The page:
The Situational Judgement Test (SJT) is crucial for ranking in your Dental Core Training and Dental Foundation years. However, they can be notoriously difficult to do well and, so, this post will hopefully provide you with some examples and resources to maximise your SJT score.
What is the Situational Judgement Test?
The Situational Judgement Test is an assessment of an individual’s character and professional attributes. As per the COPDEND website, the attributes being assessed include:
- Patient-centred care
- Coping under pressure
- Critical thinking
This means that your clinical knowledge has very little impact on your results – this is not a clinical exam. One of the reasons SJTs are difficult is that the ‘correct answer’ is one formulated by asking a body of professional for their answer to the question and an average is taken. This may not necessarily align with your thought process.
There have been some subtle changes to the SJTs due to the COVID pandemic. Normally, they would be held at a Pearson Vue testing centre, however there will be the option to have the exam at home instead as well. A bit more on the application process during COVID can be found here.
As compared to previous years, the SJT will account for a greater portion of your overall mark for ranking. In Dental Foundation Training, it was the only method and in Dental Core Training, it will account for 33%. These factors make it even more important to do the best you can.
Question Format 1 – Rank Most to Least Appropriate
There are two types of questions used in the Situational Judgement Test. The first type is a ‘rank from most appropriate to least appropriate’ from a set of actions in response to a situation.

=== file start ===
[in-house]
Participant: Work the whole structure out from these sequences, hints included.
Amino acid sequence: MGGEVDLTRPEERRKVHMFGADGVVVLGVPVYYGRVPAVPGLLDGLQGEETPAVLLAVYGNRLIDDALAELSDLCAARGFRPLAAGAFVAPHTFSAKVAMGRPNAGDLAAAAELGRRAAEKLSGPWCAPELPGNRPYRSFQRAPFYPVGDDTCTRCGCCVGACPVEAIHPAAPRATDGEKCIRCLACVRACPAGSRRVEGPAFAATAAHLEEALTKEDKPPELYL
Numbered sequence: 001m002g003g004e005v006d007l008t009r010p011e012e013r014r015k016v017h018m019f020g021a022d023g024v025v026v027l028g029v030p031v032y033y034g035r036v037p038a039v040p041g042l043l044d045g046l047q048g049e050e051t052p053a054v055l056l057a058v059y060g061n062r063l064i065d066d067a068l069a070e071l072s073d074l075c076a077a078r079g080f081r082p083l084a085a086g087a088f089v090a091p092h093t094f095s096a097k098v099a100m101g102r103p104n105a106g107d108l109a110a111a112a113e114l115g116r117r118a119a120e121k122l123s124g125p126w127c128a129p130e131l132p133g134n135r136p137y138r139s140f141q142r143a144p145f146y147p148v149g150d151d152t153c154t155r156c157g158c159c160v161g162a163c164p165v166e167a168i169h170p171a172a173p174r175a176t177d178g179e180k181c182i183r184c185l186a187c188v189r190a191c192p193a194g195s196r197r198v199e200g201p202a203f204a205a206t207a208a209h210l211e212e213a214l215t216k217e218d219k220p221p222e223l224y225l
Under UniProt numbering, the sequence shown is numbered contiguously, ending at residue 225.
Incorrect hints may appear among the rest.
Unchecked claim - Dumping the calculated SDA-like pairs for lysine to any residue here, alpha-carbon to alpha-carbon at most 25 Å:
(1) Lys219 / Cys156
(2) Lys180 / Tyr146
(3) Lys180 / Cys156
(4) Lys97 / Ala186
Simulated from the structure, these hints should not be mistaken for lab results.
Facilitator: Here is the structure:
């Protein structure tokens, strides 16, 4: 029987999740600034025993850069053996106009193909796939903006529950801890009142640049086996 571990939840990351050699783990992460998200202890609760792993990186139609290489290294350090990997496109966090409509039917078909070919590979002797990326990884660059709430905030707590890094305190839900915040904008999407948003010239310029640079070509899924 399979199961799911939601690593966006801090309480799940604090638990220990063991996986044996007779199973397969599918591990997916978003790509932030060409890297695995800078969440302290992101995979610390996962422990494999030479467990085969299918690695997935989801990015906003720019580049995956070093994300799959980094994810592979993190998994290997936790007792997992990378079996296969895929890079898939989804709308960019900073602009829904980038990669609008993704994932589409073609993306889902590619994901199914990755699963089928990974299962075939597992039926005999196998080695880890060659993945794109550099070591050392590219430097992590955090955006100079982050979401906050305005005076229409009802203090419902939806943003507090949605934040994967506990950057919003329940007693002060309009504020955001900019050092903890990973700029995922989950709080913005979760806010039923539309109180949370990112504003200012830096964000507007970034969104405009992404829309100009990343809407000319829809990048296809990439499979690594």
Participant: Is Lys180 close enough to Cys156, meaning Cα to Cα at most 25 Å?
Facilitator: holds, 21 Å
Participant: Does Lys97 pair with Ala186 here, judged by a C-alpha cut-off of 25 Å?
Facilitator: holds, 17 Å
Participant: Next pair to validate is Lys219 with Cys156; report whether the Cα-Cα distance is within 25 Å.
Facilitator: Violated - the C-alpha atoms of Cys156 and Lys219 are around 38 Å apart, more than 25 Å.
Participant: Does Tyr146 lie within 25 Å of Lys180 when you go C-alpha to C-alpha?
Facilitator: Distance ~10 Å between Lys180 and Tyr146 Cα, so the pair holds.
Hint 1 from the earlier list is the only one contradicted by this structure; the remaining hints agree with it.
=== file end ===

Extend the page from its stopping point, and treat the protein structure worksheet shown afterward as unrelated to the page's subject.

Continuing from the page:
For this question, you are provided with a stem question and then given 5 options. These options are to be treated individually and are not linked. You must then assess these options and rank them from most to least appropriate.
For each letter that is in the correct position you get 4 marks, i.e. you can get a maximum of 20 marks per question. For each position a letter is off its correct position, you lose a mark.
The best way to understand this is to do an example. Below we have a scenario:
If we look at the options for this question as well:
Let’s analyse each of these options to see where they may fit:
- A – This option isn’t ideal as you aren’t dealing with Amba’s frustration and are dismissing her concern. It is unlikely that her opinion is going to change with wearing the crown for 10 days
- B – This isn’t a terrible option but it’s not ideal either. When answering these questions, you are meant to answer them at the level of which you’re applying, i.e. as a DCT or an FD. This means that you aren’t expected to be competent at everything and so getting your supervisor is sometimes a valid option. However, in this situation, you haven’t attempted to reassure Amba yourself and are removing all responsibility from yourself
- C – This immediately seems like the most inappropriate option. You aren’t dealing with Amba’s frustration but also you are working unethically by telling her that the procedure would need to be private. So I would place this as my least preferred option
- D – This is a reasonable option. You are listening to Amba’s concern and trying to rectify any doubts yourself.
- E – This immediately seems like the most appropriate option. You are allowing Amba to have her reaction, calm herself down and take the time to understand her concerns. This would immediately be my preferred option.
So from this quick analysis, we can see that the most appropriate option is E and the least appropriate to be C.
If we then assess the remaining options, then I would consider placing D as my next most appropriate as you are listening to her concern and trying to remedy it. This would be followed by B – as involving your supervisor as you are still trying to manage the situation. Finally, I would place A as the second to last as, though it’s not a preferred option, you are getting the patient to come back which shows a slim hope that you’re considering her concerns.
Our final order, therefore, would be E D B A C. The answer is explained below: